The California Supreme Court has decided to make drunk driving convictions even harder to get than they are now:
Alcohol levels in a breath sample are converted mathematically to derive a blood-alcohol percentage….The standard formula for converting breath results to blood-alcohol levels is not accurate for everyone, however, and can vary depending on an individual’s medical condition, gender, temperature, the atmospheric pressure and the precision of the measuring device, the court said.
“The question is whether a defendant who has a blood-alcohol concentration of 0.08% or more measured by breath is entitled to rebut that presumption that he was under the influence” in certain cases, Justice Carol A. Corrigan wrote. The court’s answer was yes.
….San Bernardino County Deputy Dist. Atty. Mark A. Vos, who prosecuted the case before the court, said the ruling was “going to make DUI trials a little more difficult to put on” because more technical evidence will be permitted. The numbers are going to be flying back and forth in DUI trials, so prosecutors are going to have to adapt,” Vos said.
I guess things have changed. This kind of evidence was presented ten or fifteen years ago in the DUI case I sat on, but I suppose it must have been outlawed at some point since then. This court ruling (PDF) makes it admissible yet again.
(Ah, I see: this AP story says the Supreme Court barred drivers from attacking the variability of breath tests in a 1994 case. I think my case was a year or two before that.)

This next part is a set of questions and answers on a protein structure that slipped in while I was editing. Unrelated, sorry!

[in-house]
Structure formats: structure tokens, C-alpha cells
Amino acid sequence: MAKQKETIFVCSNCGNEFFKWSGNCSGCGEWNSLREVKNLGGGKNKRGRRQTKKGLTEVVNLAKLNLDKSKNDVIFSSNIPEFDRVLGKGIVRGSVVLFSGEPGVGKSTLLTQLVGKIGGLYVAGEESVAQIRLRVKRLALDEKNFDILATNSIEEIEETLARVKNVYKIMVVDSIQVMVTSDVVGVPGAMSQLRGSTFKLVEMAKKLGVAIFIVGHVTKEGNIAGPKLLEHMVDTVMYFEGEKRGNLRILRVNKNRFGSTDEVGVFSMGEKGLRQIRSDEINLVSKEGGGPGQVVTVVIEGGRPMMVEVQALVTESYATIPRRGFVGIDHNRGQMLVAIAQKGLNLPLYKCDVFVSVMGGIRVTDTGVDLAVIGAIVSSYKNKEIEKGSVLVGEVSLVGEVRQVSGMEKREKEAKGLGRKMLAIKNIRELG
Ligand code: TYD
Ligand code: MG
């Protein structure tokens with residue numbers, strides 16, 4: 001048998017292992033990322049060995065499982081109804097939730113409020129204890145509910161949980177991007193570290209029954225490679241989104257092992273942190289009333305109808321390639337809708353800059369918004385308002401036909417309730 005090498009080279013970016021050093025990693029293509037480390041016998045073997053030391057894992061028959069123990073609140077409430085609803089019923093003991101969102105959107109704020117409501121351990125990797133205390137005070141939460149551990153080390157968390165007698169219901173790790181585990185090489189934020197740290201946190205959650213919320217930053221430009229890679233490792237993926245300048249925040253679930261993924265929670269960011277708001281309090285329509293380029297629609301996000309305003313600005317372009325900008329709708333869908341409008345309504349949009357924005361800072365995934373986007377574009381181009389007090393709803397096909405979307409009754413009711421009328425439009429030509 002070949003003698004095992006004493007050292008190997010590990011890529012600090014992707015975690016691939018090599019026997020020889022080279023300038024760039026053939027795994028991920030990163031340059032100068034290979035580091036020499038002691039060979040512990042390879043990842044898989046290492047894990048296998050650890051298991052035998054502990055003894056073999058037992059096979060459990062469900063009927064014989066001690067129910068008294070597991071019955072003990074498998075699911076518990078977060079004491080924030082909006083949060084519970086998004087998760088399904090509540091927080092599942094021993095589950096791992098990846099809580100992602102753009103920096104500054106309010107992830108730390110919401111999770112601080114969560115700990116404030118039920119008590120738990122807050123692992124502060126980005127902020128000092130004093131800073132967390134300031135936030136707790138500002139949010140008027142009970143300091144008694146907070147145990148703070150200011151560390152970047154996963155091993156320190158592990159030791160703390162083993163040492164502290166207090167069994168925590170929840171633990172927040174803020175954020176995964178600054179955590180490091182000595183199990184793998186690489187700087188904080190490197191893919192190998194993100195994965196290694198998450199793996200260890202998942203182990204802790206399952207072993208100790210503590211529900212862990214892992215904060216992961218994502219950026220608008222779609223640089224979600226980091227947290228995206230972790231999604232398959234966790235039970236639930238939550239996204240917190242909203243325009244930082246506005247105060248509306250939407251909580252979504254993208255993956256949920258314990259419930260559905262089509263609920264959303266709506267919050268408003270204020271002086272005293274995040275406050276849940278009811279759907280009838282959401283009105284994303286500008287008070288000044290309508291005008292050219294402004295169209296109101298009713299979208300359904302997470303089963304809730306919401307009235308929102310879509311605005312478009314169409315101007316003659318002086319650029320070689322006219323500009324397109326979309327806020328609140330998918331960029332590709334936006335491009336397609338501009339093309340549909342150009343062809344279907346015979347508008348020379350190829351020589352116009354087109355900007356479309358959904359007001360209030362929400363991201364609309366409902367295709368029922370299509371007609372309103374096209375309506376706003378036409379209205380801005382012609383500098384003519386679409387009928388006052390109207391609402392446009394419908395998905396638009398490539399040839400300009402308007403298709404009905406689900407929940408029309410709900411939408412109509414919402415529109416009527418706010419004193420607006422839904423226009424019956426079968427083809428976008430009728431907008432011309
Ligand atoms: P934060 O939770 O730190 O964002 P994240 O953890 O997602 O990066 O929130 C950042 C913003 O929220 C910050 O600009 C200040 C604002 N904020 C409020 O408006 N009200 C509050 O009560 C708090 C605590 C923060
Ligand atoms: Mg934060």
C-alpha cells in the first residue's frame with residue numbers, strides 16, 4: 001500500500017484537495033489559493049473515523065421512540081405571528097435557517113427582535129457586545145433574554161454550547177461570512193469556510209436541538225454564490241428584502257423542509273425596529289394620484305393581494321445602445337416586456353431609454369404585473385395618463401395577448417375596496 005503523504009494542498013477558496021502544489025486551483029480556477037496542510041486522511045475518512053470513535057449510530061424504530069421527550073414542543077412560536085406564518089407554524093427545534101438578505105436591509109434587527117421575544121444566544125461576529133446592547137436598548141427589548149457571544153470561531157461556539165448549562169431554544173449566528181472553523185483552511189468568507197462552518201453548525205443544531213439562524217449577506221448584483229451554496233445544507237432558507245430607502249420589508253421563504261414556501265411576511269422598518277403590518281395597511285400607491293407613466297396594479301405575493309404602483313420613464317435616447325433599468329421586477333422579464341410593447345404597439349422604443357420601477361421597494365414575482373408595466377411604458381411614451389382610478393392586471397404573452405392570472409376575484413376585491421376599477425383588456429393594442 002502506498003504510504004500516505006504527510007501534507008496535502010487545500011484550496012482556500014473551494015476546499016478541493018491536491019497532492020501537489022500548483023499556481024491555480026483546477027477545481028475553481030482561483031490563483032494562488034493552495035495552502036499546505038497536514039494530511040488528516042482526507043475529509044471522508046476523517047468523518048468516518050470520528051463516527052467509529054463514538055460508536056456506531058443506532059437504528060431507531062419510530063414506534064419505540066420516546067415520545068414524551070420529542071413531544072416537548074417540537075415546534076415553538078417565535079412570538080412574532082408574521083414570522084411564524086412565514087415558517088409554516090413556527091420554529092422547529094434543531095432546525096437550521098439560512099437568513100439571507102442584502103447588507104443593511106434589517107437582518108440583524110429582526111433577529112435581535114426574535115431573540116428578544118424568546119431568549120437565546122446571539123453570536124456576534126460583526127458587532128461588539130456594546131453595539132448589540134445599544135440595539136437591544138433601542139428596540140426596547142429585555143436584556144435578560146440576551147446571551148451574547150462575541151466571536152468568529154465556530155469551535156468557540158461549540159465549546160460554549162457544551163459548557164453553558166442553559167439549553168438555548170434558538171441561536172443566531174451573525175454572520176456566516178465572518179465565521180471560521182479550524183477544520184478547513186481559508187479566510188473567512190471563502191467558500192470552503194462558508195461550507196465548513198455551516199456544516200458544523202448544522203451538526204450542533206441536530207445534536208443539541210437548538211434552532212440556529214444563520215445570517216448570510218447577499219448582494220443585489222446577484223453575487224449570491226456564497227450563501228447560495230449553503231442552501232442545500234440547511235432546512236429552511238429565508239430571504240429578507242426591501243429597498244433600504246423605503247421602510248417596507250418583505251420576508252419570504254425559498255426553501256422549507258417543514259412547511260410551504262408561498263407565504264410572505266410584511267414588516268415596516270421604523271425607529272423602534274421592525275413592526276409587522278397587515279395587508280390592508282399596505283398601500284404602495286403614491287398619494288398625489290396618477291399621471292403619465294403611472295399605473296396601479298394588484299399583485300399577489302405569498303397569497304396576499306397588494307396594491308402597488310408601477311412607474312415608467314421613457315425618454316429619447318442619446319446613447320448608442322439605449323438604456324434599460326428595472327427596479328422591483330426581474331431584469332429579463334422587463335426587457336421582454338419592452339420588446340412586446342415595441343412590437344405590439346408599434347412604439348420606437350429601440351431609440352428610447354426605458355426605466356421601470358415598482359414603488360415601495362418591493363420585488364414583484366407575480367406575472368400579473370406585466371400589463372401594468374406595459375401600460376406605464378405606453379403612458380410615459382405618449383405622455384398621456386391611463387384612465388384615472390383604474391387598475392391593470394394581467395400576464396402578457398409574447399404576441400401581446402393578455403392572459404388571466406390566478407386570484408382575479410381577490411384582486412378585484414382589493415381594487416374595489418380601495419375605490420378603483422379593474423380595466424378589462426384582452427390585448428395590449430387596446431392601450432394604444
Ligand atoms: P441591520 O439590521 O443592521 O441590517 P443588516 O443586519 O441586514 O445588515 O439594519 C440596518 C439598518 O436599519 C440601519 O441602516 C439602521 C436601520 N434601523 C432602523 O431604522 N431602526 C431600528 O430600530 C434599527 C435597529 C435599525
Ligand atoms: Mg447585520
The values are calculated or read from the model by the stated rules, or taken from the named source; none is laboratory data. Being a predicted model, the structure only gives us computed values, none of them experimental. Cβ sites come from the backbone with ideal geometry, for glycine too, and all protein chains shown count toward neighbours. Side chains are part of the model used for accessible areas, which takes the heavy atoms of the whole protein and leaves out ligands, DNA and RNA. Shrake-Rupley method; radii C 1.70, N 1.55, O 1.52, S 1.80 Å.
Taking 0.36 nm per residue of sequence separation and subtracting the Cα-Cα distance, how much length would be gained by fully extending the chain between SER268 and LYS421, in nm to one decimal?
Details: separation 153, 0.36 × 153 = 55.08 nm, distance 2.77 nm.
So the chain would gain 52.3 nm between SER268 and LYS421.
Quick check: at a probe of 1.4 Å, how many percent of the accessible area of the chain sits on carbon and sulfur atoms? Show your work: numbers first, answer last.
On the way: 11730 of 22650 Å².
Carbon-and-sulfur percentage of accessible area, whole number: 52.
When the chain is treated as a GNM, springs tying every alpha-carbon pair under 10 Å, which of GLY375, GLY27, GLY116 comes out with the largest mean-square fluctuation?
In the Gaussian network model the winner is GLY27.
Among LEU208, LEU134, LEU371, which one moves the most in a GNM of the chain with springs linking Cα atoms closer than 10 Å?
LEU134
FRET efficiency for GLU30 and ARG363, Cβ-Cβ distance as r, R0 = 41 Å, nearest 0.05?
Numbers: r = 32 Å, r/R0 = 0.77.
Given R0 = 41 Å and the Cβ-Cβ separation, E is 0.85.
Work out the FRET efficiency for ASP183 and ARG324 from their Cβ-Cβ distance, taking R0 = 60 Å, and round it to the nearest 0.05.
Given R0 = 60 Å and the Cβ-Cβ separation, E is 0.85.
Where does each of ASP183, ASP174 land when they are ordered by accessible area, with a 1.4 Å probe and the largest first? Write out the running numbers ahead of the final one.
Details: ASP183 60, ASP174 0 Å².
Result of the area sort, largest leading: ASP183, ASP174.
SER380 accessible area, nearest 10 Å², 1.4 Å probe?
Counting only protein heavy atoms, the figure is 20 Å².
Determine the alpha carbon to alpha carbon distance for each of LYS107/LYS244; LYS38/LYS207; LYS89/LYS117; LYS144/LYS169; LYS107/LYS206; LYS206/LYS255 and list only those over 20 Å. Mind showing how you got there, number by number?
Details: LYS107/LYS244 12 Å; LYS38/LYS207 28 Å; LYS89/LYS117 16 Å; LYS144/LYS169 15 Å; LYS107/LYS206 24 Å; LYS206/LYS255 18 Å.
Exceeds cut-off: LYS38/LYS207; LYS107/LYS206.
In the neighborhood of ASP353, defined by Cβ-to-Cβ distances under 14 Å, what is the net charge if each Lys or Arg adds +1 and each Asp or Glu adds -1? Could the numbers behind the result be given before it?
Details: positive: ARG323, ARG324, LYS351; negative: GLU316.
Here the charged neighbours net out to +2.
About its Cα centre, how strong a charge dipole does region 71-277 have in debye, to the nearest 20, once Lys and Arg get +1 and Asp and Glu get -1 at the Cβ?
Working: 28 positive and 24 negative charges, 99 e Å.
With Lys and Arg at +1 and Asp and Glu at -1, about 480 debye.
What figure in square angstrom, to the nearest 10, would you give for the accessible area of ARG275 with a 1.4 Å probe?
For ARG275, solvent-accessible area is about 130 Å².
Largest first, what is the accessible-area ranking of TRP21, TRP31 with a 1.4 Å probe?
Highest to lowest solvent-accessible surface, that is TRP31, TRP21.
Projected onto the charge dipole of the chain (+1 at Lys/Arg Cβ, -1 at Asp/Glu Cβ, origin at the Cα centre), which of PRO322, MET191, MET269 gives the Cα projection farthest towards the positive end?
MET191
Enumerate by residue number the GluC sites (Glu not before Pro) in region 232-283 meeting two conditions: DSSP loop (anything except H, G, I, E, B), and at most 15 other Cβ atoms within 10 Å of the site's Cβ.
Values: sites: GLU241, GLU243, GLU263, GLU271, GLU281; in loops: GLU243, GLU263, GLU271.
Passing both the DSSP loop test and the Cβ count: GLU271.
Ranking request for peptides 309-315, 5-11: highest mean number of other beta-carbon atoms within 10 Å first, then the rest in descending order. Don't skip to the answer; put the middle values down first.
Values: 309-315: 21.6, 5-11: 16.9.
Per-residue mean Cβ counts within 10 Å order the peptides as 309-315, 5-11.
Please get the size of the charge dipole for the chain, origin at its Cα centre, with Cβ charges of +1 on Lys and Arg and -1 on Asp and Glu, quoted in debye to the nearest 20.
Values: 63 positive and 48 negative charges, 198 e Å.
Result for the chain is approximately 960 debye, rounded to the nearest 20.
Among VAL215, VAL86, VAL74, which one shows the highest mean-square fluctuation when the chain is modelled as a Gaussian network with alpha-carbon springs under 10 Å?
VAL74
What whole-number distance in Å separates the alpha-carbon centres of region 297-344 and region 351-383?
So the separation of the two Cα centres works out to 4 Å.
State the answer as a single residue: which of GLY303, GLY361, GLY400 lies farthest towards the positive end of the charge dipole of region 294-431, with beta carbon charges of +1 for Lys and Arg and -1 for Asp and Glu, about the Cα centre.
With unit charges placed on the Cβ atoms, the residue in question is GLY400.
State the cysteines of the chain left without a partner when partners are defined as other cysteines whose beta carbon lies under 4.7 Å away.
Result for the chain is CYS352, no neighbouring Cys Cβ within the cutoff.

As a legal matter, this might be the right ruling. I don’t know — but the decision was unanimous, which suggests there was little controversy about it. As a practical matter, though, it’s a pain in the ass. In the trial I sat on, the defense attorney played up this stuff for all it was worth, essentially trying to convince the jury that breathalyzer tests were so variable as to be completely useless. And it almost worked. Most of the jury was initially willing to let our guy walk because they were so confused by all the testimony that they figured there just had to be reasonable doubt. It basically turned the case into a circus — and one that, needless to say, can only be played by wealthy defendents who can afford fancy lawyers.
I was disgusted by the whole thing. If there’s a very specific reason to think a particular breath test is wrong — equipment malfunction, relevant medical condition, etc. — then I wouldn’t mind this kind of testimony. But just as a general catchall to allow defense attorneys to throw mud on the wall and confuse people? No thanks.